But back to the game…you punch things. As usual, the real objective in the game is to collect enough money to unlock characters to help find all the hidden items that, quite honestly, I stop caring about once the movie plots end. To be fair, you can punch them or whip them. Either way, when the scenery explodes and all that cash falls out, it feels pretty good. Not to mention the explosion sound it makes pretty much sums up the force required to separate Lego bricks. Other Lego games give certain characters innate abilities that help them progress through levels. While to some extent this game does that as well, you also have the option of picking up tools, like shovels, wrenches, guns, or books, and using them to interact with the environment. Or to launch a rocket at a Nazi. The problem in this mechanic lies in the fact that the button to pick up these items is the same as the one to use innate abilities. And Willie Scott’s innate ability is screaming to shatter glass. Often during The Temple of Doom, I found I simply had to switch characters if I needed to grab something or else I’d have to listen to Willie shrieking like a 12-year-old girl at a Justing Bieber concert while she ran around looking for just the right spot to pick up the item.

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Boss fights, as usual for Lego games, are so lame I feel comfortable diagnosing the game with advanced stages of muscular dystrophy. Since Lego combat tends to be as threatening and authentic as a trip to Taco Bell, nearly every major villain in the game seems to have attended the Monty Python school of battle. So each fight plays out like any girl I asked out in high school; they run safely out of reach, leaving me nothing to interact with but the room around me. Since most of the game consists of finding pieces and building things to progress, boss fights don’t really change up game play. The only difference is you have some prick standing by to laugh at you when you screw up. So yeah, exactly like dating in high school.

But really, whatever. It’s a Lego game. If you like Indiana Jones and other Lego games, you’ll get pretty much the same experience here. It’s fun. It’s cute. There are also a number of Star Wars cameos hidden throughout the game, including Luke frozen upside down in a wampa cave in Nepal. Which is good. Like I said before, you don’t want to take yourself too seriously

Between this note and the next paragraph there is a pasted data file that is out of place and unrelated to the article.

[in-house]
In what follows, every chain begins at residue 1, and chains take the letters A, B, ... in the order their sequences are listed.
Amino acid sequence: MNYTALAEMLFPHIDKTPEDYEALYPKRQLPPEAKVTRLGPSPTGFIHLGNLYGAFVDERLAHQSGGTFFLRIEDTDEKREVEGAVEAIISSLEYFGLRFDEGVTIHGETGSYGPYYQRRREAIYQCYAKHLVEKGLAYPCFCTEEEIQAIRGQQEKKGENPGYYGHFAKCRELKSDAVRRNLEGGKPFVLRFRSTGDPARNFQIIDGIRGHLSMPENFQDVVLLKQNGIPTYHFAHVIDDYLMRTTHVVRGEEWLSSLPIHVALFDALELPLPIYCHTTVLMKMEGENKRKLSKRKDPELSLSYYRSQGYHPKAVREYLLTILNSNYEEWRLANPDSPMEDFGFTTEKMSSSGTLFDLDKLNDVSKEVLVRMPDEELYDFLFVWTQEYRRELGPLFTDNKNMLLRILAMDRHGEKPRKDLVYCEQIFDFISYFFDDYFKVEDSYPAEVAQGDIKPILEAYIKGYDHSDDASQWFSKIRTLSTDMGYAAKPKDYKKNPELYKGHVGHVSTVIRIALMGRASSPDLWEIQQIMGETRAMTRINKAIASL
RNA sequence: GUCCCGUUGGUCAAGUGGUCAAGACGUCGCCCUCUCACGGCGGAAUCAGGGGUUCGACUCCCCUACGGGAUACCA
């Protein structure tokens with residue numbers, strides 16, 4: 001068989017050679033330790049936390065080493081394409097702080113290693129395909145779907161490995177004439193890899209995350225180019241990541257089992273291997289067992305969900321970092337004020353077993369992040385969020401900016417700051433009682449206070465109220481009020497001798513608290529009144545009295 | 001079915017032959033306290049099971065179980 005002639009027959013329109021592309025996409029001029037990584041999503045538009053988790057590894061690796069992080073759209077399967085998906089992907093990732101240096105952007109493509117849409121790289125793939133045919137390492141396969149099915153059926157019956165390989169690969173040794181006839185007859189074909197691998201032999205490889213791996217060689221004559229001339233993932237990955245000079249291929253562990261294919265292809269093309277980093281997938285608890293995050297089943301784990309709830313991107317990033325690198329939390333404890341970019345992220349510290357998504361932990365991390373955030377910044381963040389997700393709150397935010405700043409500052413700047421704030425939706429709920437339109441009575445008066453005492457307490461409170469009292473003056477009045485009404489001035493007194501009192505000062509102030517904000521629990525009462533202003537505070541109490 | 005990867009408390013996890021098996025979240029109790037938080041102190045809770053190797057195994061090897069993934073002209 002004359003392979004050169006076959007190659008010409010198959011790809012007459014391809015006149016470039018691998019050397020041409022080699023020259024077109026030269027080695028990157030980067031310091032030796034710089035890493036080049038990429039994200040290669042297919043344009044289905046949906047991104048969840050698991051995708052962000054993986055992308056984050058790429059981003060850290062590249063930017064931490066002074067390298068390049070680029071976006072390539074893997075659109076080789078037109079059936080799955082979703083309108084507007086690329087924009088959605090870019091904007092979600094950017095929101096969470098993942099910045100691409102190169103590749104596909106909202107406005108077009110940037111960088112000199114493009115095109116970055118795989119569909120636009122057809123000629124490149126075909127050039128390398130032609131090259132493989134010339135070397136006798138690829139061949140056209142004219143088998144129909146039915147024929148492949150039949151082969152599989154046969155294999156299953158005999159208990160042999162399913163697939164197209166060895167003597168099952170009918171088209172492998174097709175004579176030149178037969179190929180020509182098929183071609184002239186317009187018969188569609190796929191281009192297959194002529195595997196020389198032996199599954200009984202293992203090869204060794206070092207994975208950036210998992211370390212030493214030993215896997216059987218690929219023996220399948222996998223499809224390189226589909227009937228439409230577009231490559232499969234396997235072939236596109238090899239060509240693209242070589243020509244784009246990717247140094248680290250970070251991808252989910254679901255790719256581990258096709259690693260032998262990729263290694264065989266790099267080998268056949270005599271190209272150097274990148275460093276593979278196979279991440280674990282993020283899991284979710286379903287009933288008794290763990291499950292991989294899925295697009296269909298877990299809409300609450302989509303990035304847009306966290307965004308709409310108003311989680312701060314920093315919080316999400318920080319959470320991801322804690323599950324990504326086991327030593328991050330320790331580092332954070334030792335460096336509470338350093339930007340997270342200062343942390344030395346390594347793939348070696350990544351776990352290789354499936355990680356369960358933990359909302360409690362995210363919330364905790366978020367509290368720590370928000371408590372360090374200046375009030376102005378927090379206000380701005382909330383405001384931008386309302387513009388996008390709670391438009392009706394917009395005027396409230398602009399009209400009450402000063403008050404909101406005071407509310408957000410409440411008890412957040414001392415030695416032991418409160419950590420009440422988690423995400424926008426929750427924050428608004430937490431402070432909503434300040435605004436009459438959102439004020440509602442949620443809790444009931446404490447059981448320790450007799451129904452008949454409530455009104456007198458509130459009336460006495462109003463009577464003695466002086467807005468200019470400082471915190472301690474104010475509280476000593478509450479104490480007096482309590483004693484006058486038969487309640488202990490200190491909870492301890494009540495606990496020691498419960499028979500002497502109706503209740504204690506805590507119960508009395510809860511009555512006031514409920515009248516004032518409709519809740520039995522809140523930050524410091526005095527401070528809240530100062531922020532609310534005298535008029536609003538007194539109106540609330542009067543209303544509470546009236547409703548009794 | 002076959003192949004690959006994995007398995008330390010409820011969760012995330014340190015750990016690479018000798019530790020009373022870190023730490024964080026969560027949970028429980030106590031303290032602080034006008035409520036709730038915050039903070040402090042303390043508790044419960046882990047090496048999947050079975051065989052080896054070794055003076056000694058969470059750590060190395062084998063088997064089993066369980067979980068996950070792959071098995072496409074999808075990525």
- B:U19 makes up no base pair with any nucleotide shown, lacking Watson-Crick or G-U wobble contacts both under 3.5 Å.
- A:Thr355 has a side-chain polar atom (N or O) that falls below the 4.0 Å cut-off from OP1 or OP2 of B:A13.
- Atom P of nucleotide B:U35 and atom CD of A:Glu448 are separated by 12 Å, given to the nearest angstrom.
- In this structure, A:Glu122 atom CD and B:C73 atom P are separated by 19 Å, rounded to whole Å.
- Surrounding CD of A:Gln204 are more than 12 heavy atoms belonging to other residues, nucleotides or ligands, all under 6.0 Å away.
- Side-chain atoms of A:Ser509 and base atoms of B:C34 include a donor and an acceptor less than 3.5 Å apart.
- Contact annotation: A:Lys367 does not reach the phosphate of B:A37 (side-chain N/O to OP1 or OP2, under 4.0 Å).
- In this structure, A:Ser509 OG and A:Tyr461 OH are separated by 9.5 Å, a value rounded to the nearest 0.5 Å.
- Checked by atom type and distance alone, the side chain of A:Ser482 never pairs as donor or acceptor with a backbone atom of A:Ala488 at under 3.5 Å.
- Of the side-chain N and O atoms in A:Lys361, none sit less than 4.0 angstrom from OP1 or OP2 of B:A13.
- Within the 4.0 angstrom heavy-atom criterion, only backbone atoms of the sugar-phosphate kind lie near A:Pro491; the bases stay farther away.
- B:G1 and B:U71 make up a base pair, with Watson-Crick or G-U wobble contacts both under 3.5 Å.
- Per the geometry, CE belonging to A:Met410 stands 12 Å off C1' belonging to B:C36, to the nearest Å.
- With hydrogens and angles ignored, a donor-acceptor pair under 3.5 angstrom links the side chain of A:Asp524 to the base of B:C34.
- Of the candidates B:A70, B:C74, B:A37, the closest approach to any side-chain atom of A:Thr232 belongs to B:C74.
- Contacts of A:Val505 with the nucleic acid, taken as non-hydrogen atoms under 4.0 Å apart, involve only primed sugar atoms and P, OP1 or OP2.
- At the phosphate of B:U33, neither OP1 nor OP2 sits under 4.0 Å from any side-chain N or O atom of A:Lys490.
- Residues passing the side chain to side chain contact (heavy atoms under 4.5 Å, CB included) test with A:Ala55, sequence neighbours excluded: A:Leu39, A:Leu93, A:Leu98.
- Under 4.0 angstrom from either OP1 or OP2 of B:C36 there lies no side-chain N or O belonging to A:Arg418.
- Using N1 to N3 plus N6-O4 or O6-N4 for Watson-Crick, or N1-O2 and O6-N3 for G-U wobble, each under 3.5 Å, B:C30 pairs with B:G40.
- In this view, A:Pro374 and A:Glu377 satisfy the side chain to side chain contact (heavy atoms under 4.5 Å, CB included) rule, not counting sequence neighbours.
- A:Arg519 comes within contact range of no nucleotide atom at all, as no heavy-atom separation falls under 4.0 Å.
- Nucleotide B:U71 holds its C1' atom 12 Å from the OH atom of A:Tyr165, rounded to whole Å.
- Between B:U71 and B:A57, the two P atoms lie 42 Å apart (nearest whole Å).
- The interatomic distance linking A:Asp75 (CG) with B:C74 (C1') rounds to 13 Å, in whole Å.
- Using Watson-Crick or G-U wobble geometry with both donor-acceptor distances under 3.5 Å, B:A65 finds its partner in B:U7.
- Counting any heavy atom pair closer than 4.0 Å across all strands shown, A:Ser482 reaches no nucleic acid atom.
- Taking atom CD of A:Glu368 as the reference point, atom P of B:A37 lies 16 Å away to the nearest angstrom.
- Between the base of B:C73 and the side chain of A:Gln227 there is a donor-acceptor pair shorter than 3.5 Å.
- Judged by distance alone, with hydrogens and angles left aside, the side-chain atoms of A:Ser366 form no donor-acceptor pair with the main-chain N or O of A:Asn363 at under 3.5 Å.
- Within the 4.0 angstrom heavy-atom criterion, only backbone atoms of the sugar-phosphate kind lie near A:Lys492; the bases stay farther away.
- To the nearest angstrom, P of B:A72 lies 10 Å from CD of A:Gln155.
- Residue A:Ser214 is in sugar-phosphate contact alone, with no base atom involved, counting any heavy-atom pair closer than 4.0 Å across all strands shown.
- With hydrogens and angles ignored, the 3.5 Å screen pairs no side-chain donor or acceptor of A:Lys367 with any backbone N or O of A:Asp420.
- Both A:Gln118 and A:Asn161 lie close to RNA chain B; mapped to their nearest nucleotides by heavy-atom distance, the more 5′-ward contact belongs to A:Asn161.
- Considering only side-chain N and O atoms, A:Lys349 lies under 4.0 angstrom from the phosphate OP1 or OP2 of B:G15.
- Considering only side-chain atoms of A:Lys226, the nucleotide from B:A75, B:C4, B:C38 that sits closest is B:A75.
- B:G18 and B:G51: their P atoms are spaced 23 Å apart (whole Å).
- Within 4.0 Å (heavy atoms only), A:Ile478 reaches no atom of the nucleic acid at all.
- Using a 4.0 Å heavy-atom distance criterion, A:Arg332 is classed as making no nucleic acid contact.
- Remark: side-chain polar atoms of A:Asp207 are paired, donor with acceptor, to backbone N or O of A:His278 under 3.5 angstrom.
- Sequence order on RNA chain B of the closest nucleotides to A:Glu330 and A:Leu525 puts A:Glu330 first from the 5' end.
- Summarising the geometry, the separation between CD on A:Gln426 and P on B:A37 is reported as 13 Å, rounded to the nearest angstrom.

Epic Mickey – Wii

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A gremlin serves as Mickey’s Navi. Gremlins spend the bulk of the game repairing busted machinery, which either indicates the Wasteland is so damaged that they can only repair things, or that Disney has no idea of what a gremlin does.

Mickey Mouse stands as one of the most recognizable icons of all time. Lately, the little black-faced rodent has been eclipsed by Mario, proving that Americans hate anything more complex than a plate of spaghetti and a stupid accent. Even so, Mickey has still won votes in every presidential elections since 1928. In 2008, he beat Santa Claus, Joe the Plumber, and Jesus, and with 11 votes nationwide, he clearly has twice as many supporters as Jill Stein. Perhaps that’s simply America’s attempt at saying they want a leader who’s animated, unlike so many half-dead politicians (and, you know…Donald Trump), but if Mickey has so much charisma that America would follow an animal who literally can’t feed himself or get out of bed without a team of at least 20 people (You know…like Donald Trump), then it’s a wonder that Disney holds the rights to such a famous piece of intellectual property and does nothing more with it than pass out cheap felt-and-plastic hats to kids who coat them with a gallon of saliva and drop them behind the couch as soon as they get home. Other than the short that ran before Frozen, I can’t remember a single Mickey movie or cartoon since The Prince and the Pauper in 1990, and his animated TV appearances reduce him to the role of an MC. However, Disney still allows him to come out of his retirement home every now and then to run around, wreaking havoc in the occasional video game, of all things. And nine times out of ten, as is the case with Mickey Mousecapade, Mickey Mania, Kingdom Hearts, and now Epic Mickey, the theme of that game is remembering all the classic characters Disney has used up and left by the wayside like a futon in front of a frat house.

Epic Mickey 2.5

A home for forgotten characters, unless Disney really wants to use one that people remember.